Millions of books written by this great leader and by hundreds of his disciples and by the thousands of great people educated by them, correctly spread and promulgate our Prophet’s way all over the world. Today, there is not a city, a village or a person left in the free world that has not heard about the Islam communicated by our Prophet. Upon hearing about Islam, if someone sincerely wants to learn it correctly, Allâhu ta’âlâ promises that He will grant him true knowledge. Today, there are catalogues giving the names of the books on Islam that fill the world’s libraries. For example, there are about fifteen thousand names of books and some ten thousand names of authors in the book Kashf-uz-Zunûn by Kâtib Çelebi. This book, in two volumes, is in Arabic. Ismâ’îl Pasha from Baghdad wrote two supplementary volumes to this book.
Nearly ten thousand names of books and authors exist in these supplementaries. Kashf-uz- Zunûn was first printed in 1250 [1835 A.D.] in Leipzig; the upper portions of its pages were written in Arabic, while the lower portions were in Latin. Before that, it was translated into French in 1112 [1700 A.D.] At exactly the same time it was printed in Egypt, too. Lastly, together with its two supplementaries, it was printed in Arabic in Istanbul between 1360-1366 [1941-1947 A.D.]. The books are in the order of the Arabic alphabet. Four of them were sold at the libraries of the Ministry of Education in Turkey.
The two-volumed Arabic book Asmâ-ul-muallifîn by Ismâ’îl Pasha was printed in Istanbul in 1370 and 1374 [1951 and 1955 A.D]. In these two volumes, the authors of the books in Kashf-uz- Zunûn and its supplementaries are written in the order of the Arabic alphabet and under each name are the books written by the owner of the name. Today, another very useful and valuable book listing only the Arabic Islamic books existing all over the world and their authors and in which library they can be found and at which call number they exist in each country is Carl Brockelmann’s German book Geschichte der Arabischen Literatur, which was printed in Leiden in 1362 [1943 A.D.].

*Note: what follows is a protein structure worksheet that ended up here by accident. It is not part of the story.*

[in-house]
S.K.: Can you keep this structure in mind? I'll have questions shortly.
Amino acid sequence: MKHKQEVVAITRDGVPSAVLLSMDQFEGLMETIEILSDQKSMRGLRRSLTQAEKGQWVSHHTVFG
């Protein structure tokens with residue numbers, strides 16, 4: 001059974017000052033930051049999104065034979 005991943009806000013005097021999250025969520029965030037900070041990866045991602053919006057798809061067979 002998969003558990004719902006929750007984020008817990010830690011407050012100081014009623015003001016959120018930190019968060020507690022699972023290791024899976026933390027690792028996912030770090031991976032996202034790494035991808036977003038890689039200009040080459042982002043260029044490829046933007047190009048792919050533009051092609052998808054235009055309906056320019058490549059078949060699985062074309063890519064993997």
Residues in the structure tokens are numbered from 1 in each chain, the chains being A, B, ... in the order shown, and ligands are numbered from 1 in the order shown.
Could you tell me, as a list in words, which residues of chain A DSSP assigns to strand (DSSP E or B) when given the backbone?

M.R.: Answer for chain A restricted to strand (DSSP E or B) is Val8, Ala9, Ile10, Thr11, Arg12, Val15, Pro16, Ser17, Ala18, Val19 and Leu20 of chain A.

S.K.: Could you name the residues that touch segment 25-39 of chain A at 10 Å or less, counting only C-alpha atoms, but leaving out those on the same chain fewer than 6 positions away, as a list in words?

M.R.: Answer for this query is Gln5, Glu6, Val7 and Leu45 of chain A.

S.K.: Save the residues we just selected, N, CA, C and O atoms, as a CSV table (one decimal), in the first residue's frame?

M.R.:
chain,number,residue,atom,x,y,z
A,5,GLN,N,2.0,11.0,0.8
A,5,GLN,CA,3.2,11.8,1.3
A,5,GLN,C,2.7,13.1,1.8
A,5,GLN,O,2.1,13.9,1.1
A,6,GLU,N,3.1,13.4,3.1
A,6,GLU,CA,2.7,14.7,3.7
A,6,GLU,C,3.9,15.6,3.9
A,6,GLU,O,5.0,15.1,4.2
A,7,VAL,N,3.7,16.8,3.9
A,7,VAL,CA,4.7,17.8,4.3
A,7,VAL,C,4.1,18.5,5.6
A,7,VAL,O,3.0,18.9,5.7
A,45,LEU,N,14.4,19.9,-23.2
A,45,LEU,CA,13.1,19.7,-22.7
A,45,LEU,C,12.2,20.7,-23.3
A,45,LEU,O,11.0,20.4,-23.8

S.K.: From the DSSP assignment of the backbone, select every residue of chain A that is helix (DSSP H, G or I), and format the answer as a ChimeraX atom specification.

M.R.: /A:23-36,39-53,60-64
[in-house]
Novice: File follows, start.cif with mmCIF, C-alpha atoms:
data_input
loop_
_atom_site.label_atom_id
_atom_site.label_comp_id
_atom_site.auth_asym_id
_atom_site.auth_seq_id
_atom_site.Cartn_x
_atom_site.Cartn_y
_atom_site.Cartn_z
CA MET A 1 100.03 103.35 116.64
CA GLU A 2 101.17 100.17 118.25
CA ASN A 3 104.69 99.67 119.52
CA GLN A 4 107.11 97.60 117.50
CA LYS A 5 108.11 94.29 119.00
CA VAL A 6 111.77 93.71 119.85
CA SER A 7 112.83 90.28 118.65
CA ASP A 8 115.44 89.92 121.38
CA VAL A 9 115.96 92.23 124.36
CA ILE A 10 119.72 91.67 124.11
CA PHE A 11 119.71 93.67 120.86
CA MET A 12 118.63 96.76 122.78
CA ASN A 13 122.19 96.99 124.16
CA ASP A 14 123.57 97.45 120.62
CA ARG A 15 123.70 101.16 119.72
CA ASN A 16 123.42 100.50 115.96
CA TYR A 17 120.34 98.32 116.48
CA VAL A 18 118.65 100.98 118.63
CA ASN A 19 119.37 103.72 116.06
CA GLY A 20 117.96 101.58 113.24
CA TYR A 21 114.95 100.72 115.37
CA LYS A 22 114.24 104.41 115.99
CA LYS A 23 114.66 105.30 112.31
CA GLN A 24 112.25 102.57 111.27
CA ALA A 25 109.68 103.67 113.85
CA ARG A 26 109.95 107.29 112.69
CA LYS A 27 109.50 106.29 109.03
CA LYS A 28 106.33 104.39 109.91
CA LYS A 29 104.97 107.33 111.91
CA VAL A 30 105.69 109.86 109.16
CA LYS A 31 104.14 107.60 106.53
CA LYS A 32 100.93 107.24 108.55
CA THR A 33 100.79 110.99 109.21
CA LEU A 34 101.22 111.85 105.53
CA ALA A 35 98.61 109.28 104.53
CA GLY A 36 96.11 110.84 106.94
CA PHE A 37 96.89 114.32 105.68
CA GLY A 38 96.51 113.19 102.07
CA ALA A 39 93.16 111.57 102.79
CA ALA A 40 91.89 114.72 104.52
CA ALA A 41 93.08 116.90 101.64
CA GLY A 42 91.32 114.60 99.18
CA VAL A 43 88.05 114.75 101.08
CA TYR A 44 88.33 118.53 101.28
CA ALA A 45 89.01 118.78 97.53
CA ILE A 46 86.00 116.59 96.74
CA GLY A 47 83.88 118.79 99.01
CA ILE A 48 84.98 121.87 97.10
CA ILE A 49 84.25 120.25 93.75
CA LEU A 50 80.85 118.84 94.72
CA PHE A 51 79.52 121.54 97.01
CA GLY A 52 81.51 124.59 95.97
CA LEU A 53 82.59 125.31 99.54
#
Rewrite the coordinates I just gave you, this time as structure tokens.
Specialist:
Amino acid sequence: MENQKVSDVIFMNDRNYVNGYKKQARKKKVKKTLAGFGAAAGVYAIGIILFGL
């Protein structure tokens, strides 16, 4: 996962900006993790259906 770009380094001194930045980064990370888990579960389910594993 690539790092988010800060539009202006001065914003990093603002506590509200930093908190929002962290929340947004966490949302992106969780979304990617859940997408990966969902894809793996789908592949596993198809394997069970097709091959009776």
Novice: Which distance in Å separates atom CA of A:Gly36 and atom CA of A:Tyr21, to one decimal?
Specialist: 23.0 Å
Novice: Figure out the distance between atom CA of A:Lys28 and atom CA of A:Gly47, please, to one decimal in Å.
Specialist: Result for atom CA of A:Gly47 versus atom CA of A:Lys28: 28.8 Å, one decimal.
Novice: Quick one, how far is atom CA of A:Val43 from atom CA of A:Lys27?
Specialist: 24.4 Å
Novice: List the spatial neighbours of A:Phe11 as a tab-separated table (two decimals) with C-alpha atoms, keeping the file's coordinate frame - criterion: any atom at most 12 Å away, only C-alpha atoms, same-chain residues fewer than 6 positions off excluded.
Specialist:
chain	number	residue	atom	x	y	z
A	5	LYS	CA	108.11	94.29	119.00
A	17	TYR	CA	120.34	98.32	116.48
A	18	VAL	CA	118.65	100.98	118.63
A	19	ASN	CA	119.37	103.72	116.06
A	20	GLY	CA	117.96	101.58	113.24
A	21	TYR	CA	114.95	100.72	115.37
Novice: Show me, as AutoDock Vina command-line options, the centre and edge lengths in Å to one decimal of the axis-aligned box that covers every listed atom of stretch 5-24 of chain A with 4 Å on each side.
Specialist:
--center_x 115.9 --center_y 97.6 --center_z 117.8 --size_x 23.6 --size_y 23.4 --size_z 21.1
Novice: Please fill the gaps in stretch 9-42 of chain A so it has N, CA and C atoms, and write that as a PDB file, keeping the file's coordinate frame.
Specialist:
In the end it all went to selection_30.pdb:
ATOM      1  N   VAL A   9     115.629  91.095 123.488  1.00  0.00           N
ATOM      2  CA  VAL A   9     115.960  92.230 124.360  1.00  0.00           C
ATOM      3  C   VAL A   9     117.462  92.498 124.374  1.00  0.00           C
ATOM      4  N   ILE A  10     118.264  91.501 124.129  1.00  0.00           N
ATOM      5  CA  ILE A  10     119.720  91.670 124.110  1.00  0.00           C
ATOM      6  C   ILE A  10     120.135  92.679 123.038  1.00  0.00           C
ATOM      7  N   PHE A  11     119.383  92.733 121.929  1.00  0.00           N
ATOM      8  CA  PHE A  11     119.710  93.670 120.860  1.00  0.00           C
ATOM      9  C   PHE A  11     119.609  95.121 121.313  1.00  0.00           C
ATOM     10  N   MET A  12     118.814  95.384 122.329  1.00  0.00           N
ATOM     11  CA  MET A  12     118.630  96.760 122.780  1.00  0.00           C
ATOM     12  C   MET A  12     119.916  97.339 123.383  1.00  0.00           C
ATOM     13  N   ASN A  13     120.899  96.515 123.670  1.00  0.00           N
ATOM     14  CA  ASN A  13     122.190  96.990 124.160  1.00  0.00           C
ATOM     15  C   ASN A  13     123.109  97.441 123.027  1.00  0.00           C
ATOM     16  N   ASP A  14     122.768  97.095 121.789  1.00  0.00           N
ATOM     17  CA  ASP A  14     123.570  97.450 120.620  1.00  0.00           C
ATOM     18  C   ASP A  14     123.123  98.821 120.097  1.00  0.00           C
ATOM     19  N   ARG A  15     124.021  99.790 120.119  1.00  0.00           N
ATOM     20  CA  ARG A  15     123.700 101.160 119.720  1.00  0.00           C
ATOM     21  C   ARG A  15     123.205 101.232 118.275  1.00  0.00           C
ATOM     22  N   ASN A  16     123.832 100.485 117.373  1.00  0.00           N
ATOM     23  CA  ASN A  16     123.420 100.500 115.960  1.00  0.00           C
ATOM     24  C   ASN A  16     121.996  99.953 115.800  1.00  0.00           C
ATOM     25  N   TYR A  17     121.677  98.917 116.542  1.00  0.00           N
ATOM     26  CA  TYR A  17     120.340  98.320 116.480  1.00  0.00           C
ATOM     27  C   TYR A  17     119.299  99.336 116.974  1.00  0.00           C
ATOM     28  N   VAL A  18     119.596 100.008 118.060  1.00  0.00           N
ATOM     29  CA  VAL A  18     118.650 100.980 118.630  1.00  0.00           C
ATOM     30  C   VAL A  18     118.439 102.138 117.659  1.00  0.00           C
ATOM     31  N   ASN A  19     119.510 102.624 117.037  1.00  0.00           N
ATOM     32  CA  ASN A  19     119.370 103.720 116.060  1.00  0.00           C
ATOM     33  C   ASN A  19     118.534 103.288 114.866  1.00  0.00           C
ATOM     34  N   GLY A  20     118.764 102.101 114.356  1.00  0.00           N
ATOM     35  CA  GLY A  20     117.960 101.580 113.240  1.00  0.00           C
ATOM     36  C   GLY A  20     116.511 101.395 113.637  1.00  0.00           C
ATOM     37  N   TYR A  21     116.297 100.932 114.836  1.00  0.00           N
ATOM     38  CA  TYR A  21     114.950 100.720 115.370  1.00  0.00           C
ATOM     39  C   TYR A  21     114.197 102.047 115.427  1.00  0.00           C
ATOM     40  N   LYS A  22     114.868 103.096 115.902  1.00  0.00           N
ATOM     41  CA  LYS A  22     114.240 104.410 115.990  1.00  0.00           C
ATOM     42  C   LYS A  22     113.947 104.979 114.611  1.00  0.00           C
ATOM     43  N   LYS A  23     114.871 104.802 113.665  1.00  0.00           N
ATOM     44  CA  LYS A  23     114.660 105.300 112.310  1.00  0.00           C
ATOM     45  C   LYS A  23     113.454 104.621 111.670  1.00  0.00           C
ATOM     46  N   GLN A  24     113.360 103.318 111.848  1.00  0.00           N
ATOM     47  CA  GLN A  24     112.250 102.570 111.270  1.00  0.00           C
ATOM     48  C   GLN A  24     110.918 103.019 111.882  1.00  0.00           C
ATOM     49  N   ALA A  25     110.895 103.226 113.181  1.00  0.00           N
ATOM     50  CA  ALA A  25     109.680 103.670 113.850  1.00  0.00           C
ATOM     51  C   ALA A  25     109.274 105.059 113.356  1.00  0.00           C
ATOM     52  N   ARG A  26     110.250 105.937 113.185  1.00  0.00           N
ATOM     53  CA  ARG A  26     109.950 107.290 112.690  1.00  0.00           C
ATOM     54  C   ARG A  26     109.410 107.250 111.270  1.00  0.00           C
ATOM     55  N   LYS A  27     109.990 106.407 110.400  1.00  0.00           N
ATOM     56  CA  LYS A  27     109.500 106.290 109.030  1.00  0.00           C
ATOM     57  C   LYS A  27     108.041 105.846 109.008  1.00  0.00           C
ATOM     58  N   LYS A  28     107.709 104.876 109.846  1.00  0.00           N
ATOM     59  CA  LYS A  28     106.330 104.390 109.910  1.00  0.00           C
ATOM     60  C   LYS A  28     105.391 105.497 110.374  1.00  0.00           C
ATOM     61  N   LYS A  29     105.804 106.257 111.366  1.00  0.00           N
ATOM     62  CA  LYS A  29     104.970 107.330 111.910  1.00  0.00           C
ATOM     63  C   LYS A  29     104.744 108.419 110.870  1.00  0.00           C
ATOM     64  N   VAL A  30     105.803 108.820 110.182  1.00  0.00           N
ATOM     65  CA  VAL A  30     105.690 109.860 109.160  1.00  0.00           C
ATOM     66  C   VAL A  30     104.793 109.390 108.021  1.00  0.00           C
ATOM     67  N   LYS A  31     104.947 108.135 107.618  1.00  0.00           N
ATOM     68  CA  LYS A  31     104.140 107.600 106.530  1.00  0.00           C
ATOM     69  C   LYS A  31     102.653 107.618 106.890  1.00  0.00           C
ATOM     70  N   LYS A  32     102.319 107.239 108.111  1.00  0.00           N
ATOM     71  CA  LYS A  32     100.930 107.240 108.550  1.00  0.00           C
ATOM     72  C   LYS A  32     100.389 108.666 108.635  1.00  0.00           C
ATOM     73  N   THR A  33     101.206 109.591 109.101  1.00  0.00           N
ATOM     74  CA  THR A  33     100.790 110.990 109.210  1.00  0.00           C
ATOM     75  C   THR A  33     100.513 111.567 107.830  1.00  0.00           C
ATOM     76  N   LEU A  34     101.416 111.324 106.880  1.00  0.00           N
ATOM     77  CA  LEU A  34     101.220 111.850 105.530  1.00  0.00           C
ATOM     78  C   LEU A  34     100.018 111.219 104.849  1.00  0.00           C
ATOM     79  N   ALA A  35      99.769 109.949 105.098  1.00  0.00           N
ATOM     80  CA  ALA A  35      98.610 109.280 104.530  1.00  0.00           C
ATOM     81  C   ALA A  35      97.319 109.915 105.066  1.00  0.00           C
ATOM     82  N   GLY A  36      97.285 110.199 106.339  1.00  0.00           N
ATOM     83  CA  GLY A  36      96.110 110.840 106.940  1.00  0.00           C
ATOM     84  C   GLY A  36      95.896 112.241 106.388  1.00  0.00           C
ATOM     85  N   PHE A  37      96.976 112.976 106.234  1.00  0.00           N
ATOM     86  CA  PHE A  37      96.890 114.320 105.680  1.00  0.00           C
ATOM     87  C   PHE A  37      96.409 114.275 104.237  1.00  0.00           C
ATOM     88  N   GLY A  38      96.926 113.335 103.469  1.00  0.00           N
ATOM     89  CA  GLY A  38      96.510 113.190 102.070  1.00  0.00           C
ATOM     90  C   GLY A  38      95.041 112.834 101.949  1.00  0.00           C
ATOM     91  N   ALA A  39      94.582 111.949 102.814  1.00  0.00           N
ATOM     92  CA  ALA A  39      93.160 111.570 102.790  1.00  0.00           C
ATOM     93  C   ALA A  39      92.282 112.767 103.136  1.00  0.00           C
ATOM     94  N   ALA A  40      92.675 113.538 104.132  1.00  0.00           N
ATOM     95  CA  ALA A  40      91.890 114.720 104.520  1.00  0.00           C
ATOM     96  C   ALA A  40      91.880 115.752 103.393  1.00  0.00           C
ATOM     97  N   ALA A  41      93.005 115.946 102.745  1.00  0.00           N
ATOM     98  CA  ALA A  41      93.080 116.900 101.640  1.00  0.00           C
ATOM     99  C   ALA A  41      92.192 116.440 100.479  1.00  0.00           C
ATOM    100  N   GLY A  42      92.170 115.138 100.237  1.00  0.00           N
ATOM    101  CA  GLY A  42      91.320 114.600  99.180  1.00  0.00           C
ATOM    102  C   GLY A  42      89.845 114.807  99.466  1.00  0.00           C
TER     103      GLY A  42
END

The book Miftâh-us-sa’âda by Tashköprüzâde Ahmad Efendî ‘rahmatullâhi ta’âlâ ’alaih’, the author of the book Shaqâyiq-i Nu’mâniyya, which gives the biographies of the scholars educated in the Ottoman Empire, defines and explains nearly five hundred branches of knowledge and gives information about the books written in every branch of knowledge and their authors. His son, Kemâladdîn Muhammad, translated this book from Arabic to Turkish. It lists the Islamic savants and their works, and he gave it the name Mawdû’ât-ul-’ulûm. This book was printed at the printing office of the newspaper Iqdâm in 1313.
It is available in bookstores. After seeing Islam’s twenty main branches of knowledge and its eighty–one sub–branches and the scholars of these branches and the books which each of them wrote untiringly and perseverently, an understanding and reasonable person cannot help admiring the great number of Islamic scholars and their skill at diving into the ocean of knowledge. [In these books of theirs, refuting through documents and argumentations the words of naturalists and materialists and the absurdities which non-Muslims wanted to inject into Islam, they silenced them all, and thus extinguished the fire of instigation and corruption prepared by enemies of Islam. Moreover, exposing the shame of those who tried to give wrong meanings to the Qur’ân and who strove to prepare defiled translations with evil intentions, they, on the one hand, clearly wrote one by one all the facts that have to be believed, and, on the other hand, very correctly presented to humanity the religious aspect of every event and action that has happened all over the world and all those which will happen until the end of the world. The names and biographies of more than eight hundred of Îmâm-i a’zâm Abû Hanîfa’s ‘rahmatullâhi ta’âlâ ’alaih’ followers and those who attended his lectures, are written in books. Five hundred and sixty of these are well known in the knowledge of Fiqh, and thirty-six of them attained the grade of ijtihâd.]